History on the trail


The Indian Creek Bike and Hike Trail connects with other metropolitan cities to provide you miles of trails and quiet beauty and provides a connection to historical aspects of Overland Park prior to and following the arrival of pioneers "going west."  Bison may have waded into Indian Creek in Overland Park to quench their thirst or cool down on a hot Kansas summer day.


New interpretive signs are to be placed along the trail. Installation of up to 18 signs will depict archival photographs, maps and other images. Further, the panels feature well-researched original historical narratives about the names of the various streets that cross or intersect with the trail, as well as other points of interest, such as bison.

"The Indian Creek Trail in Overland Park is about to be transformed from a walk through 'Anywhere,' USA into a hike through history," said Henry Fortunato, Overland Park and founder of Sunflower Republic and director of the Indian Creek Trail Interpretive Signage Project.

Fortunato, working with the Johnson County Museum and Overland Park to install interpretive signs along the Indian Creek Trail. Historical information on signs includes how College Boulevard got its name from a jocular suggestion, where the names of prominent roads - Roe and Mission - came about.

"When completed, this collection of exhibit panels will foster a sense of place and a deeper understanding of how Overland Park and Johnson County came to be what they are today," Forunato added.

 Bike and Hike Trails

Open 5 a.m. to 10 p.m.
(open year round)

The Indian Creek Bike and Hike Trail is almost 17 miles long and is patrolled during the summer by the Overland Park Police Department. (See trail map or bike map)

The 10-mile Overland Park portion starts at Foxhill South Park, 109th and El Monte, and follows Indian Creek south and west to Forest Creek Park, 125th and Pflumm.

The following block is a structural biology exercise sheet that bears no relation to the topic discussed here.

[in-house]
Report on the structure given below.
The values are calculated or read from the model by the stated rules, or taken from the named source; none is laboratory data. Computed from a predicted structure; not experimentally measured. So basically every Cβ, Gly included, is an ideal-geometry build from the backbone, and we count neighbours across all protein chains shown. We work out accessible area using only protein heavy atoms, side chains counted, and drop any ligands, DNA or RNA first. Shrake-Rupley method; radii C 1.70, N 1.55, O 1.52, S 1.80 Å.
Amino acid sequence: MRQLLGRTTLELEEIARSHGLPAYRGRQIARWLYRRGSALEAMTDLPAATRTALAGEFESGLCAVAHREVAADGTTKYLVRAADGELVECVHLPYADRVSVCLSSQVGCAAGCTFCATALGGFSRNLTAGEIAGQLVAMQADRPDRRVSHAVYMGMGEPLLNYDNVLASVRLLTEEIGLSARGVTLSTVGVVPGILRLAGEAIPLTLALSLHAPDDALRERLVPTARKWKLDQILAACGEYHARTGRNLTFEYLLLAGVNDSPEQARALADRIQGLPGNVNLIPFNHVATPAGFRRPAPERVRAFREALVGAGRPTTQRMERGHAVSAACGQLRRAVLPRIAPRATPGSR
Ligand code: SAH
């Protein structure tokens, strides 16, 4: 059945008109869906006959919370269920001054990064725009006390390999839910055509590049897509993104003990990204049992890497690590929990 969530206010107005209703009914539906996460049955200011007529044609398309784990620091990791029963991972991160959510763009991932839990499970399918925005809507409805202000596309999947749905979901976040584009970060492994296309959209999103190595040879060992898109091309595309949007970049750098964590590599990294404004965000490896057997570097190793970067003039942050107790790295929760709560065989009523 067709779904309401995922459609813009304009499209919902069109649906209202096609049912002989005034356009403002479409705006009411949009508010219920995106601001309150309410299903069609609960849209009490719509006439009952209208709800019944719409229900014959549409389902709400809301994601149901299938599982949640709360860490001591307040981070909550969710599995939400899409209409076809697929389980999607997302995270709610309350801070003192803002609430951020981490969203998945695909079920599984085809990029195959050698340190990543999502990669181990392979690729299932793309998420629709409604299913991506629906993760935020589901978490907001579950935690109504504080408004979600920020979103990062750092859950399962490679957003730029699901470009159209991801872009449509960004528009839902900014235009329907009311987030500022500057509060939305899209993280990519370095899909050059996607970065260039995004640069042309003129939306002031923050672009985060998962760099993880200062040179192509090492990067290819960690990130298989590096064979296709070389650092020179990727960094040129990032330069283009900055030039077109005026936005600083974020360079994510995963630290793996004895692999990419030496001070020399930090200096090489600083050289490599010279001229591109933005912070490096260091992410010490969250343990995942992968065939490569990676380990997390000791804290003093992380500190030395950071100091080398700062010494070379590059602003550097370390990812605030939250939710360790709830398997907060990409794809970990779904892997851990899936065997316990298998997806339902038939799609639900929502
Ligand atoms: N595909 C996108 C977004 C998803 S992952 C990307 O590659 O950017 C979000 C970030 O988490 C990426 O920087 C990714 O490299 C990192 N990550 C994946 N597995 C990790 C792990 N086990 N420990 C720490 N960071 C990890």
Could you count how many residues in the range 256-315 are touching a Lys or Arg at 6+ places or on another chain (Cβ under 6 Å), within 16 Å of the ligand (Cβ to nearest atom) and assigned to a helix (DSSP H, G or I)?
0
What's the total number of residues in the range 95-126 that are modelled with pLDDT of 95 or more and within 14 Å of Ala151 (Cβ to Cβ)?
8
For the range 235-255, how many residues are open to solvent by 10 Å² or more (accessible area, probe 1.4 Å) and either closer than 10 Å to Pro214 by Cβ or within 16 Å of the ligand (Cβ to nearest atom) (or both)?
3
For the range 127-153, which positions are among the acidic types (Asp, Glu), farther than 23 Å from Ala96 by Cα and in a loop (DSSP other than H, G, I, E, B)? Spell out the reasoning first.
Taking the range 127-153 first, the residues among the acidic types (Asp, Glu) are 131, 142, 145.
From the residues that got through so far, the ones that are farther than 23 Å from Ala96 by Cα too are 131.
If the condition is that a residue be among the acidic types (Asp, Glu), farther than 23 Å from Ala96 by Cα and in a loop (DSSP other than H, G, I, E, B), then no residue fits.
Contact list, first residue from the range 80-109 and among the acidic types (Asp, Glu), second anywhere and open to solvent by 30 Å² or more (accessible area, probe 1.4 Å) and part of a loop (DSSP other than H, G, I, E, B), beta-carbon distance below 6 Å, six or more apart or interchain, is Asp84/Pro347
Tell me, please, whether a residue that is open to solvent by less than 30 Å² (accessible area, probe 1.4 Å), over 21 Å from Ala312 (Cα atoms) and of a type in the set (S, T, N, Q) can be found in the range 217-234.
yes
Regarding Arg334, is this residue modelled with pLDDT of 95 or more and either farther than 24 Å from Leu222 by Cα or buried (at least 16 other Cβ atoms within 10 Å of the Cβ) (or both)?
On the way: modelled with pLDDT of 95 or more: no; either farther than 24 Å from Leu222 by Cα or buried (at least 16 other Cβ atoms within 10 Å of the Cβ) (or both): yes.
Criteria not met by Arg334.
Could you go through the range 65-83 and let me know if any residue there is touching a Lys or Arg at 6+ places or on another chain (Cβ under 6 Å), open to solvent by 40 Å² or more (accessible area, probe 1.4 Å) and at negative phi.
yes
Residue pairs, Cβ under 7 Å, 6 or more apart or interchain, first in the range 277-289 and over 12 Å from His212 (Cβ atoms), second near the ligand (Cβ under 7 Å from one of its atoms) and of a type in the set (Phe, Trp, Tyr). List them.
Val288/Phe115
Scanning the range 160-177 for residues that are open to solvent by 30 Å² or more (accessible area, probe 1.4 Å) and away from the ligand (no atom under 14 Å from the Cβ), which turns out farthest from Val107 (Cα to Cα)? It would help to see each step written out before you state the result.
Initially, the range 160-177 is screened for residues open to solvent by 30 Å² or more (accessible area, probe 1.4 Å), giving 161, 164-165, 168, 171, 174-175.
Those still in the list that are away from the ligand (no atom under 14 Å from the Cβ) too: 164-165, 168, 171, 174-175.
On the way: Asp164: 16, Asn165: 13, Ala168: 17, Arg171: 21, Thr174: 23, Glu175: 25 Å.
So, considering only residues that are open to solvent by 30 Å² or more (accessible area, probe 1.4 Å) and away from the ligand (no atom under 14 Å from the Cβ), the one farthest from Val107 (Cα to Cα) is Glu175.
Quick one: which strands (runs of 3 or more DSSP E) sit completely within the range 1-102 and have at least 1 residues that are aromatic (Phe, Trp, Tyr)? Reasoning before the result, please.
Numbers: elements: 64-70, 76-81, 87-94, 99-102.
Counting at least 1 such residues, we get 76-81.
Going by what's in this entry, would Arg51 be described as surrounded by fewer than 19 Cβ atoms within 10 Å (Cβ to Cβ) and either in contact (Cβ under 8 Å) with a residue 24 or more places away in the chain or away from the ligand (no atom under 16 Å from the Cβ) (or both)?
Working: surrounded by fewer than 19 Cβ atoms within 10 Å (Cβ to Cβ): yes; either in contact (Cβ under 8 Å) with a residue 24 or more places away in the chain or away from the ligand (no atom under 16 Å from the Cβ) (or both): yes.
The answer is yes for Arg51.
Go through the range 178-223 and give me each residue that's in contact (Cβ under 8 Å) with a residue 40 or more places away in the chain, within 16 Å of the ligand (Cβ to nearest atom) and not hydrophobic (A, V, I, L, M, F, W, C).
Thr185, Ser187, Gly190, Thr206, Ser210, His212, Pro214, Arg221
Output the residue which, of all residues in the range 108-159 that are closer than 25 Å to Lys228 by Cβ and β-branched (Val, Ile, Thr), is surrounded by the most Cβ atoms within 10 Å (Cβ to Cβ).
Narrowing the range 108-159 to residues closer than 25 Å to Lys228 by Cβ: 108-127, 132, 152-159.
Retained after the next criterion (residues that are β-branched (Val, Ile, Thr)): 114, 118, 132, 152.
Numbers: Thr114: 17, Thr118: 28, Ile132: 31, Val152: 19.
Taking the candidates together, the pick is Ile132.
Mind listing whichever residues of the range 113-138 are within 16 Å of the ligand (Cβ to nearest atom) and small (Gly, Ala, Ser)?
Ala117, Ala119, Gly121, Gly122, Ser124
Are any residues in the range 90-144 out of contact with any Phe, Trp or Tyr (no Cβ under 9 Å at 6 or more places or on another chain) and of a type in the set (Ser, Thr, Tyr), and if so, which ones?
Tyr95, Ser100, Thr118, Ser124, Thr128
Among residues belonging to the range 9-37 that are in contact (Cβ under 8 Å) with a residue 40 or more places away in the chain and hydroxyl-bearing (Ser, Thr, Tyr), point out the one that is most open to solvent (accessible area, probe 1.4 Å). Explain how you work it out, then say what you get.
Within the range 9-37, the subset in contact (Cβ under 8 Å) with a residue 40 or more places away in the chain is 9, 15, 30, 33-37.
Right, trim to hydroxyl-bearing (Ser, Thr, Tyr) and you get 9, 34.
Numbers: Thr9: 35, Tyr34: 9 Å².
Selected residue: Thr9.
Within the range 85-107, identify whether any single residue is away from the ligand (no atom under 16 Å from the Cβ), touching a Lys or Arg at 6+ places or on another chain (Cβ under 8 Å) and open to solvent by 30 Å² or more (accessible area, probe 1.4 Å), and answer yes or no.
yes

A connecting link continues south along Quivira Road toward the Tomahawk Creek Trail via 127th and Nieman.

Trail Specifics

Generally, the trail is level and flat; it is paved, approximately 10 feet wide with mile markers every half mile. There are some steep grades for short sections:

·         South of Indian Creek between Nall and Lamar

·         Near 105th and Conser

·         Along Interstate 435, west of Antioch

·         Other sections where the trail approaches streets or bridges.

There are no emergency phones along the trail, however, there are pay phones at some parks.

All types of non-motorized bicycles can be used on the trail; dogs are welcome as long as they are on a leash.

Accessibility

The trail is wheelchair accessible and all trail heads have accessible parking and access to the trail.

Parking

Parking is available at seven parks and one recreation center:

·         Switzer Park, 138th and Switzer

·         Foxhill South, 109th and El Monte

·         Foxhill North, Indian Creek Parkway and Roe (behind Suburban Lawn and Garden)

·         Roe, 105th and Roe

·         Indian Creek Recreation Center, 103rd and Marty

·         Corporate Woods Founders', 9711 W. 109th St.

·         Indian Valley, 116th and Knox

·         Quivira, 119th and Quivira

Local Bike & Hike Trails

There are more than 35 miles of paved trails that include the:

·         Turkey Creek Streamway

·         Shawnee Mission Park

·         Mill Creek Streamway